Century Marks

Century Marks

Big government at work

Without government intervention, large parts of the auto industry would have been wiped out, losing a million or more jobs, says columnist E. J. Dionne. But the bailout was wildly unpopular at the time when George W. Bush and Barack Obama spent $25 billion and $60 billion respectively to save the ailing industry. When Obama added to the auto bailout funds, a Gallup poll found 72 percent opposed it. The Obama administration now claims that 55,000 auto-related jobs were added since June 2009 and that all three U.S. automakers are operating at a profit for the first time since 2004 (Washington Post, August 2).

Color of penance

Pope Benedict XVI has become known for his attire: red shoes, sunglasses rumored to be Serengetis and ermine-trimmed capes and hats. Anne Burke, who was head of the review board set up by the U.S. Catholic bishops to oversee their policies on priests accused of pedophilia, has written to the pope suggesting he wear a simple black cassock for the remainder of his papacy to demonstrate penance for the priest sex scandal. Speaking to a Chicago Sun-Times columnist, Burke said the pope should urge clerics to spend a day a week in prayer and fasting as a public expression of sorrow for failing to safeguard children (David Gibson at Politics Daily, July 31).

Locked up

In 1970 the number of Americans in prison was fewer than one in 400; today that figure stands at one in 100, largely due to tougher laws and longer, mandatory sentences. One study found that if a person were arrested for aggravated assault at age 18 but managed to stay out of trouble until age 22, the risk of a repeat offense was no greater than it is for the rest of the population. Imprisonment is expensive: it costs California about $50,000 a year per prisoner--in a state where only a seventh of that amount is spent on education (Economist, July 24).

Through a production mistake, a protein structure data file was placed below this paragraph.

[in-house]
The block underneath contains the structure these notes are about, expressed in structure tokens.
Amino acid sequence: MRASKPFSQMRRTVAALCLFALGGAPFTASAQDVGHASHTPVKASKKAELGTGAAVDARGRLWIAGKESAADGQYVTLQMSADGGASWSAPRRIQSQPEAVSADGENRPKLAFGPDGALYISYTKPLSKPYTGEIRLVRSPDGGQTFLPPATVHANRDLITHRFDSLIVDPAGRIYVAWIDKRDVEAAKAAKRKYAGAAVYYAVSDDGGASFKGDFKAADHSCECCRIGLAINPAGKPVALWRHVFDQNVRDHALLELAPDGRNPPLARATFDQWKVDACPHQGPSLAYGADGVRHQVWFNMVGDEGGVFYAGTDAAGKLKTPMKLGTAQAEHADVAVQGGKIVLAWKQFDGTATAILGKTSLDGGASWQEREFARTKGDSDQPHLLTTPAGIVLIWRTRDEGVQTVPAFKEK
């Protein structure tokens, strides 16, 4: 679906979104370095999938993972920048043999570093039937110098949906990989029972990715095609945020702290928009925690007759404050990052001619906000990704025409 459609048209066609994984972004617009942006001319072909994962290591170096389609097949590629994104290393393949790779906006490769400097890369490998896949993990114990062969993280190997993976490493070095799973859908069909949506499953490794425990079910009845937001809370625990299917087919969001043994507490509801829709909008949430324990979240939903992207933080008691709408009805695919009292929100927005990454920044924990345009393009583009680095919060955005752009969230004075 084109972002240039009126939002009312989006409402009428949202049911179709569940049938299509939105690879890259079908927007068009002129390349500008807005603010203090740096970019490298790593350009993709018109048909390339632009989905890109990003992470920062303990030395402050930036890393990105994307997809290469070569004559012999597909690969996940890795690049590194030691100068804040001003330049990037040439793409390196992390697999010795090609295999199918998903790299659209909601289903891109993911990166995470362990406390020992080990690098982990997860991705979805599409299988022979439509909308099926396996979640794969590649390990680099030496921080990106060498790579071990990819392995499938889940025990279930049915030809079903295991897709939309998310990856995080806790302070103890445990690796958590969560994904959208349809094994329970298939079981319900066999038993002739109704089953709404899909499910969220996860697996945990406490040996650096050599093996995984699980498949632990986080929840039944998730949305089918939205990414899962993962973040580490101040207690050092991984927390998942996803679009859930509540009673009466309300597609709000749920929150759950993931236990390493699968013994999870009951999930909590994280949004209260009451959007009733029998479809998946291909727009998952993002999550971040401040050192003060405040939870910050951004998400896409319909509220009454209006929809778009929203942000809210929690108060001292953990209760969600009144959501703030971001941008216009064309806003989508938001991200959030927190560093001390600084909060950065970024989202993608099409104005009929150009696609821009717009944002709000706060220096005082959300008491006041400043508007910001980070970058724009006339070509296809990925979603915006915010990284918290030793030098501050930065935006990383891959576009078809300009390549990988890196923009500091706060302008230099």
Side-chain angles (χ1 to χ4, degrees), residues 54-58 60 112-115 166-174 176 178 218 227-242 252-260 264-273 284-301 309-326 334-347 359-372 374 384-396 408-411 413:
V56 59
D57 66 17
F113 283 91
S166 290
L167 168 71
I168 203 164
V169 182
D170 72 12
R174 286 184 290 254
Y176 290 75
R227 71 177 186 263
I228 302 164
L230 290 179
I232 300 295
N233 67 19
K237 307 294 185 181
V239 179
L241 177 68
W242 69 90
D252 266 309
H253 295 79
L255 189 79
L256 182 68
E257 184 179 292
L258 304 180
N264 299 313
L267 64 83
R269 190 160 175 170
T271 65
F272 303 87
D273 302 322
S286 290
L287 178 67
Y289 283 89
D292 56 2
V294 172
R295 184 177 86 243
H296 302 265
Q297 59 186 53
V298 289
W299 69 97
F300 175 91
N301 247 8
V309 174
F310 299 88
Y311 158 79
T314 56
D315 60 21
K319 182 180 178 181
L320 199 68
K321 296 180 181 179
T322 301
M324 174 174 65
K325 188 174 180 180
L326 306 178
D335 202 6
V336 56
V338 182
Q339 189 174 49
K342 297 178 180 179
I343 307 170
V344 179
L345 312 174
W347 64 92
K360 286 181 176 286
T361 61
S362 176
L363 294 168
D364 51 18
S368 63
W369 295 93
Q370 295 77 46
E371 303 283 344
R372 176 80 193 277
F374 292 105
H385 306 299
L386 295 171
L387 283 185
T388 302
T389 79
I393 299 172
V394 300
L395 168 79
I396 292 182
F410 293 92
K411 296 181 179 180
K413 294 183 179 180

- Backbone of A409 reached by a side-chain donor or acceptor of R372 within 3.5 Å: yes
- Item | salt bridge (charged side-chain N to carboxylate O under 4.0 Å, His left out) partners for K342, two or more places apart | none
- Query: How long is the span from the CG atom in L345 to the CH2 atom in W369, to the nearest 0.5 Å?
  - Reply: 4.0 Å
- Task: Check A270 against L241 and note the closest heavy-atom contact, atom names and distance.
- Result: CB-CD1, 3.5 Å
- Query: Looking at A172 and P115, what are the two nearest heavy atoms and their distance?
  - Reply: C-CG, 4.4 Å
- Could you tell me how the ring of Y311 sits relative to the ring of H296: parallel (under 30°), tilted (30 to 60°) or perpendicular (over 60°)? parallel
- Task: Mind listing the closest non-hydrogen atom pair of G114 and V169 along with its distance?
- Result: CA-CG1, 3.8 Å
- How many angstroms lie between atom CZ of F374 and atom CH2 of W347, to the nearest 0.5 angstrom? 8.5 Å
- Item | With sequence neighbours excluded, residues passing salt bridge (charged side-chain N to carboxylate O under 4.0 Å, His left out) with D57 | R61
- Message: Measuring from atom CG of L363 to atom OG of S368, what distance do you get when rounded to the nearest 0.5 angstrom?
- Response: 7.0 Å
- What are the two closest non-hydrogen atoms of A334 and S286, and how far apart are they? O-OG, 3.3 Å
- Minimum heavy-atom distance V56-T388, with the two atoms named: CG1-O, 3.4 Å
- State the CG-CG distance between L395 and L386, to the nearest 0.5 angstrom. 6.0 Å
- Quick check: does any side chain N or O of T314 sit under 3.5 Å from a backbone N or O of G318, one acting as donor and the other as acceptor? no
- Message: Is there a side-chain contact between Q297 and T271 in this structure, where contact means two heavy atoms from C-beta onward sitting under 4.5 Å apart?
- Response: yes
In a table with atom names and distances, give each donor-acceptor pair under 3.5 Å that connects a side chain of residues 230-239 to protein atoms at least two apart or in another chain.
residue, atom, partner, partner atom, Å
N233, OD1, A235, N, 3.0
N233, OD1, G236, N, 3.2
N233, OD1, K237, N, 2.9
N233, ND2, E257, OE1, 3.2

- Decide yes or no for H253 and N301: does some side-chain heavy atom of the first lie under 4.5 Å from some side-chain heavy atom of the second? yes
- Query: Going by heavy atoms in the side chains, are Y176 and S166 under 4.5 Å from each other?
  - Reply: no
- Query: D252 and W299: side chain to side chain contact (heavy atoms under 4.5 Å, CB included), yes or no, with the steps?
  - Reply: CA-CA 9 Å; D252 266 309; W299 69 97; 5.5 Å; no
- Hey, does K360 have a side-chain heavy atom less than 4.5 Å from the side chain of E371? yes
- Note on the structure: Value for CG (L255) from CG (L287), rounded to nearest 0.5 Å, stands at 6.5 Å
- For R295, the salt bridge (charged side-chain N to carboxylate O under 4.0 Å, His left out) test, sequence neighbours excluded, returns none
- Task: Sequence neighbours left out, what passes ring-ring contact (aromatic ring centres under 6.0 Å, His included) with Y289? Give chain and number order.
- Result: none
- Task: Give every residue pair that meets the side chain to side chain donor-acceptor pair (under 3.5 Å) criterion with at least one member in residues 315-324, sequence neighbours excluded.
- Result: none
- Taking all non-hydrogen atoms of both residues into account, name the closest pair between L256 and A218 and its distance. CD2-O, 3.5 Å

Occupational hazard II

In a New York Times op-ed piece (August 7) G. Jeffrey MacDonald argues that no amount of time taken off by pastors will address the main source of their stress: a consumer-driven religion which expects them to be spiritual concierges. "The pastoral vocation is to help people grow spiritually, resist their lowest impulses and adopt higher, more compassionate ways," says MacDonald, a United Church of Christ pastor and author of Thieves in the Temple: The Christian Church and the Selling of the American Soul. "But churchgoers increasingly want pastors to soothe and entertain them." He understands the pressure: the advisory committee in his own small Massachusetts congregation told him to keep his sermons to ten minutes, tell funny stories and help people feel good about themselves. The implicit message was "give us the comforting, amusing fare we want or we'll get our spiritual leadership from someone else."

Cloistered chants

An order of cloistered Benedictine nuns near Avignon, France, was picked as the world's finest female singers of Gregorian chant following a search by Decca Records. The nuns' order dates back to the sixth century. Their convent remains closed to the outside world, and its rules prohibit record company executives from entering the abbey. The nuns will film their own television commercial and photograph their own album cover. The album, Voices—Chant from Avignon, will be released in November (Catholic News Agency).